Political cartoon entitled "Equal Justice Under Tom's Law," depicting Tom Pendergast with the Missouri Supreme Court in his pocket.
St. Louis Star-Times article about the 1936 investigation into election fraud, including a sketch of Pendergast by Thomas Hart Benton. The article reports Pendergast "said today that he had been investigated so often that 'one more doesn't bother me much.'" He argued that he had no idea of any election fraud.
Unsigned letter to Governor Lloyd C. Stark, including a clipping from the Kansas City Times, regarding the demand to prosecute violations of election laws. The letter also mentions that Prosecutor Tom Graves intends to marry the widow of John Lazia.
Clipping from the Sunday Washington Star by O. K. Armstrong describing the Pendergast machine and efforts to take them down ahead of a March 1938 election.
Article from the New York World-Telegram on Tom Pendergast, in which the Kansas City boss offers his opinions on political machines, strong bosses and local politics. He and Mayor Bryce Smith also discuss Pendergast's Ready Mixed Concrete Company.
Four page article subtitled "An Appeal to the Farm men and Women of Missouri," outlining William Hirth's focus on defeating the Pendergast political machine. Hirth was a democratic candidate for Missouri Governor, ultimately defeated by Lloyd Stark.
Newspaper article reporting on a speech given by Frederick E. Whitten in which he rails against the corruption of the Pendergast organization.
Newspaper clipping of an article that describes Missouri Governor Guy Park's defense of the Kansas City Pendergast political machine in a recent speech.
Political cartoon and statement criticizing Lloyd Stark, Democratic candidate for Missouri Governor over the party's alleged theft of pension funds.
A brief letter and accompanying newspaper article from William Hirth to Jesse Bennett. The article concerns Missouri Governor Lloyd Stark's activities in opposition to the Pendergast Machine in Kansas City.
Article from the 'Missouri Cash Book' criticizing the candidacy of Francis M. Wilson for Governor, mostly due to his associations with the Pendergast Machine of Kansas City.
Clipping from the Kansas City Journal-Post that criticizes both candidates for mayor: Matthew Foster and Frank H. Cromwell. Foster, a Republican backed by the Kansas City Star, is described as being overzealous in his pursuit as Kansas City police commissioner to "stamp out vice and lawlessness". Cromwell, on the other hand, is accused of being backed by the Kansas City Democratic machine. The Journal-Post urges Kansas City to vote and make their voice heard.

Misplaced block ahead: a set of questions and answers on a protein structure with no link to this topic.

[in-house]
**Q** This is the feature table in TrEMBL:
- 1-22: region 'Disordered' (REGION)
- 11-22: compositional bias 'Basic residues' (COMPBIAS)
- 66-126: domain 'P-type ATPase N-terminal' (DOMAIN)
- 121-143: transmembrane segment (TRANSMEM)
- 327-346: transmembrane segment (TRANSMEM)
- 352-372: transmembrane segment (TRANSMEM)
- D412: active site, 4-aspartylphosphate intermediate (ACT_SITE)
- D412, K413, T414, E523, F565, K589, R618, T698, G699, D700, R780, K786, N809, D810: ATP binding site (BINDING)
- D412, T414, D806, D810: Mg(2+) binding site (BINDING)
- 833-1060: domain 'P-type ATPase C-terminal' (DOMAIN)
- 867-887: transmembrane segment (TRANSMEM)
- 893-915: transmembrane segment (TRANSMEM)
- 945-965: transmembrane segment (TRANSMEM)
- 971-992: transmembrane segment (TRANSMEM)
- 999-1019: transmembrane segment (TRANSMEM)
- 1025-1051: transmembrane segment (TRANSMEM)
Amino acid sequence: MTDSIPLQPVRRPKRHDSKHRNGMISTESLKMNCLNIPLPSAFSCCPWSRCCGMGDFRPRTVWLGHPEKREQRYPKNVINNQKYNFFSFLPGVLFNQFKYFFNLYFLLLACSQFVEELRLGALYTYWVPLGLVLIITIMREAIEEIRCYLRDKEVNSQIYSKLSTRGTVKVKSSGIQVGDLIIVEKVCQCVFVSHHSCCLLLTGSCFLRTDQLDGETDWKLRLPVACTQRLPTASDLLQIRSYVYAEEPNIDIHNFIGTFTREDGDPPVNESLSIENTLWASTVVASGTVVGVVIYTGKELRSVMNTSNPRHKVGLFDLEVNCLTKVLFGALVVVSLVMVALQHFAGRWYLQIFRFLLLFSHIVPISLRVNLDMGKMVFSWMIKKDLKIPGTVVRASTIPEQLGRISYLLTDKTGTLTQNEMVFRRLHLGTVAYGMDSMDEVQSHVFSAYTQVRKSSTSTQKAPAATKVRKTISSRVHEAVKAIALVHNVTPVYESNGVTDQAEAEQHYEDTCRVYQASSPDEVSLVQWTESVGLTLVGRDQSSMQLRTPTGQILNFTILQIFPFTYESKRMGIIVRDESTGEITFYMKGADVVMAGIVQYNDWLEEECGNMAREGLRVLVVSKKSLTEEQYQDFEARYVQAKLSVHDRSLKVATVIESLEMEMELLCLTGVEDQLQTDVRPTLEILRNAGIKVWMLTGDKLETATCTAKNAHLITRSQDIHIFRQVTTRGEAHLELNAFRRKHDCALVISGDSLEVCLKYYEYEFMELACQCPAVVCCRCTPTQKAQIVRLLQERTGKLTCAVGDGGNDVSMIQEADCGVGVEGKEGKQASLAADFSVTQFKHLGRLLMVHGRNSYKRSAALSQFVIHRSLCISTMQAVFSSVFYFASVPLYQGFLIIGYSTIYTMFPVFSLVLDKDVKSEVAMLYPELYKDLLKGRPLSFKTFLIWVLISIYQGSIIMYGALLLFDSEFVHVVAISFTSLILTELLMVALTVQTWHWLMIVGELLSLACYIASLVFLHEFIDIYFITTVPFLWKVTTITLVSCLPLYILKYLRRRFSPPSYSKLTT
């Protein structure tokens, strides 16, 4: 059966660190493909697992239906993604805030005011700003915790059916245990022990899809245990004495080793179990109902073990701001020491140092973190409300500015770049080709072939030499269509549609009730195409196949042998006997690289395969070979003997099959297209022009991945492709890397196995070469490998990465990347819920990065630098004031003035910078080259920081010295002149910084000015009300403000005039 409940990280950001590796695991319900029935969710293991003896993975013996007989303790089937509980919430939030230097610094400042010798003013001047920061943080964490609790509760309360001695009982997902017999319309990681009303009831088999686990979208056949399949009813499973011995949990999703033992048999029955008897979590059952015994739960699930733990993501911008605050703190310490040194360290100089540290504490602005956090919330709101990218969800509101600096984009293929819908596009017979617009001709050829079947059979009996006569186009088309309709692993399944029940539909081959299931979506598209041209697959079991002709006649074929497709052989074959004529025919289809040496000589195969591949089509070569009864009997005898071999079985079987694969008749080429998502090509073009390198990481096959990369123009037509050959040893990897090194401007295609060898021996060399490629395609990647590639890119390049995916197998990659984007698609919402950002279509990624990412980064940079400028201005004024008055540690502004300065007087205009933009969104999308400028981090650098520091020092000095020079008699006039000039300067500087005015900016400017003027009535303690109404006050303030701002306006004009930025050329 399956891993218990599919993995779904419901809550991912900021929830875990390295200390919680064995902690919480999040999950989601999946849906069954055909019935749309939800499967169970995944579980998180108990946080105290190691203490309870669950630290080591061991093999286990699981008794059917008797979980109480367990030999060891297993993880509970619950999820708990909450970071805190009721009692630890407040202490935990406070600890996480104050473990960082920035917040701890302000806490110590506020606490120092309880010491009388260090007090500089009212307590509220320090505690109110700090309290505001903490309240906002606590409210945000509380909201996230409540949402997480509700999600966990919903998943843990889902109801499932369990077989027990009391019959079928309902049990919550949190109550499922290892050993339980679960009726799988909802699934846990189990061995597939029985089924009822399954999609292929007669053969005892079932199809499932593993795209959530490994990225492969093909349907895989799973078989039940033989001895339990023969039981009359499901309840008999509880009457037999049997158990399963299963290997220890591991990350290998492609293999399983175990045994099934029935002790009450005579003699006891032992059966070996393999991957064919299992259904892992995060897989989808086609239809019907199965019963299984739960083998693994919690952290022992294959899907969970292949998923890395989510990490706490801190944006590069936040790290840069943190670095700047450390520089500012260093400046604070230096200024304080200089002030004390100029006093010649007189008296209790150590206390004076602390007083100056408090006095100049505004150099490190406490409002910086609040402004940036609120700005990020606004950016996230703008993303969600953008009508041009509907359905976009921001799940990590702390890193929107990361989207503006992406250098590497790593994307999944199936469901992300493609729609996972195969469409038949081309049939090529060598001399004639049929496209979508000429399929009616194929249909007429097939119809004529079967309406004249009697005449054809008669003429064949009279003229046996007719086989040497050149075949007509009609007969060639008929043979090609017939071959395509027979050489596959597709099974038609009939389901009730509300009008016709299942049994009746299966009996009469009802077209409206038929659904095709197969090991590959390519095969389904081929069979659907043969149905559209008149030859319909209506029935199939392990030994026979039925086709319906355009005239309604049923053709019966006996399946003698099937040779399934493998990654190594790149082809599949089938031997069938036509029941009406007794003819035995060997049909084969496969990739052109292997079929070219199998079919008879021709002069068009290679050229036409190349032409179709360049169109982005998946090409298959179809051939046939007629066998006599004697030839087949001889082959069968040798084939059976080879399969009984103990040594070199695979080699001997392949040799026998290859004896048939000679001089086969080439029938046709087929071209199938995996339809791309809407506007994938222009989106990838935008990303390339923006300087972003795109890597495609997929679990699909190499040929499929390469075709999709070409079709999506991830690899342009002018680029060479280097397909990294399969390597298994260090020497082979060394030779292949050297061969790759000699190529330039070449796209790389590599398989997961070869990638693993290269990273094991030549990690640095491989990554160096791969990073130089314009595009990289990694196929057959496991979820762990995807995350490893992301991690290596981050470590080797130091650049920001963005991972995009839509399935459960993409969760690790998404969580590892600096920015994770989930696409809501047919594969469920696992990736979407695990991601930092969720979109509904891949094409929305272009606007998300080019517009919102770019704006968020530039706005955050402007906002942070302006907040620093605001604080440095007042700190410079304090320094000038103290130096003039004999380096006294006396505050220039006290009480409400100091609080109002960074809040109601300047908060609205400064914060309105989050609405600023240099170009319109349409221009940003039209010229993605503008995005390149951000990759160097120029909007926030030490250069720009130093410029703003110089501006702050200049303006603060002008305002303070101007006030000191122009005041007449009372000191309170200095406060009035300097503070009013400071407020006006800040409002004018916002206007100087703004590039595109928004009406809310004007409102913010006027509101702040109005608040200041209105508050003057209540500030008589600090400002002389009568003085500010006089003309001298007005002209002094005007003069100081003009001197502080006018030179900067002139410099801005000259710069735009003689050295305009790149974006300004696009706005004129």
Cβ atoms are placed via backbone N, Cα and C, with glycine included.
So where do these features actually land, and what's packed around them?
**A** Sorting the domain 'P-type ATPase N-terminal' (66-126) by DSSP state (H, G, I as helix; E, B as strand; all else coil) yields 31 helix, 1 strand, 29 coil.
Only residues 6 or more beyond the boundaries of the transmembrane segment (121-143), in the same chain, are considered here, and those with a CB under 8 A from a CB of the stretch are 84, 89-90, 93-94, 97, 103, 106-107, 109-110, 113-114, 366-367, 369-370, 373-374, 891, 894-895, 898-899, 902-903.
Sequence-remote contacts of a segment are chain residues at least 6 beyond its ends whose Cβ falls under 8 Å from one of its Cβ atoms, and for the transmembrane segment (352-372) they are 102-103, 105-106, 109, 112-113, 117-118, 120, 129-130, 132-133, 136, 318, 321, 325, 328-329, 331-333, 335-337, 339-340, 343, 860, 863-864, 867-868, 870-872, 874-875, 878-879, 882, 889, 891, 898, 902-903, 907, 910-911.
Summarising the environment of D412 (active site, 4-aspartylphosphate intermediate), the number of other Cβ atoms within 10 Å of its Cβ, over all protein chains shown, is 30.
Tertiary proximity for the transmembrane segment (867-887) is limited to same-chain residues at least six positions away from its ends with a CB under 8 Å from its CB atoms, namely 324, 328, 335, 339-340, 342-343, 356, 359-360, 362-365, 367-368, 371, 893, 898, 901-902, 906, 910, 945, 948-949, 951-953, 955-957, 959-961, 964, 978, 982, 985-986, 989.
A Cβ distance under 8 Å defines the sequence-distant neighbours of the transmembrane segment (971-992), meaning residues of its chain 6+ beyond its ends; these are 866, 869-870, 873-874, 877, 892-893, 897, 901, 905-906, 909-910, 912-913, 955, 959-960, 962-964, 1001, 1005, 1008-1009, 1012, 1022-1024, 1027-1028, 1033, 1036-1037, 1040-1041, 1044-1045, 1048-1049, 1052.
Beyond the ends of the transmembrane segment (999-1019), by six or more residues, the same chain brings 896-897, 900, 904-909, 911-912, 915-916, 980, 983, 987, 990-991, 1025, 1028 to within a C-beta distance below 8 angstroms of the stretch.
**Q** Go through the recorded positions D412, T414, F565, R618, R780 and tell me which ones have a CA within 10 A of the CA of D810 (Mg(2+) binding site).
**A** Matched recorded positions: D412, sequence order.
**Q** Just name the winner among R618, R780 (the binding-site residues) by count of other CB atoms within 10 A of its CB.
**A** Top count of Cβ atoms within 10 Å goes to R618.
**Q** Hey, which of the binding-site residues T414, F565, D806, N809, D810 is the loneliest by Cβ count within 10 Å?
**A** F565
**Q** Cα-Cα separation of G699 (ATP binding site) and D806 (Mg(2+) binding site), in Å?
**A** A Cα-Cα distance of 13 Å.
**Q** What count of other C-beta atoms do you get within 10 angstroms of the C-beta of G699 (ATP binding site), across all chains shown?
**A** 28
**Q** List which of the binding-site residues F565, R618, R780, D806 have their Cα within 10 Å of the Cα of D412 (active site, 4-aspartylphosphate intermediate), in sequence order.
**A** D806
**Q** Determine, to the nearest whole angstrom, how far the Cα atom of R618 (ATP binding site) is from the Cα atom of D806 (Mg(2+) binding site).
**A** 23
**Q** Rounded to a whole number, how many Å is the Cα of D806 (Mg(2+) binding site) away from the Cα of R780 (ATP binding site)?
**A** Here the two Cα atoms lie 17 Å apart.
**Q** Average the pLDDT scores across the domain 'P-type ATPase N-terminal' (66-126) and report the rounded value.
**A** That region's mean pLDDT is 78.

Reproduction of an article from the Springfield Leader on January 28, 1932 concerning the Pendergast Machine's efforts to retain control of their portion of the Democratic National Committee. Pendergast hopes that William T. Kemper, Sr. will run for re-election as the "Kansas City Machine apparently fears [Frank C.] Niles can't win National Committee Place."
Political cartoon in the St. Louis Post-Dispatch on March 25, 1933 depicting Thomas J. Pendergast's firm control of Jefferson City and his grasp for control in St. Louis.
Clipping entitled "Invincible Army of Kansas City Democrats Parade at State Convention - A Great Demonstration" from the Missouri Democrat on April 1, 1932 showing highlights from the Democratic State Convention on March 28th in St. Louis, Missouri. The Missouri Democrat shows its bias in this clipping as a Pendergast-controlled newspaper.
Political cartoon in the St. Louis Post-Dispatch on March 25, 1933 depicting Thomas J. Pendergast's hand reaching to control politics in St. Louis.
Clipping entitled "Kansas Citians in Line" from the Kansas City Times on March 29, 1932 showing highlights from the Democratic State Convention the previous day in St. Louis, Missouri. The photograph's caption states, "A staff photographer snapes Tom Pendergast, ready to lead the first ward delegation in the big parade, yesterday."
Clipping from the Kansas City Journal-Post on July 19, 1931 showing a photograph of James P. Aylward and his boyhood home. The accompanying article provides a brief account of Aylward's childhood. The house pictured was once located on the north side of 4th Street between Gillis Street and Frances Street.
Clipping from the Pendergast-controlled newspaper the Missouri Democrat on November 2, 1934. This excerpt provides biographies for their list of preferred local, state, and national candidates for the upcoming election.
Clipping from the Pendergast-controlled newspaper the Missouri Democrat on December 7, 1934. The article provides the newspaper's opinion on a letter sent from Tom Pendergast to James A. Farley in which Pendergast asks for clemency for John Lazia. The newspaper shows its bias explaining that Pendergast admits to writing the letter because he is "always willing to assist his friends."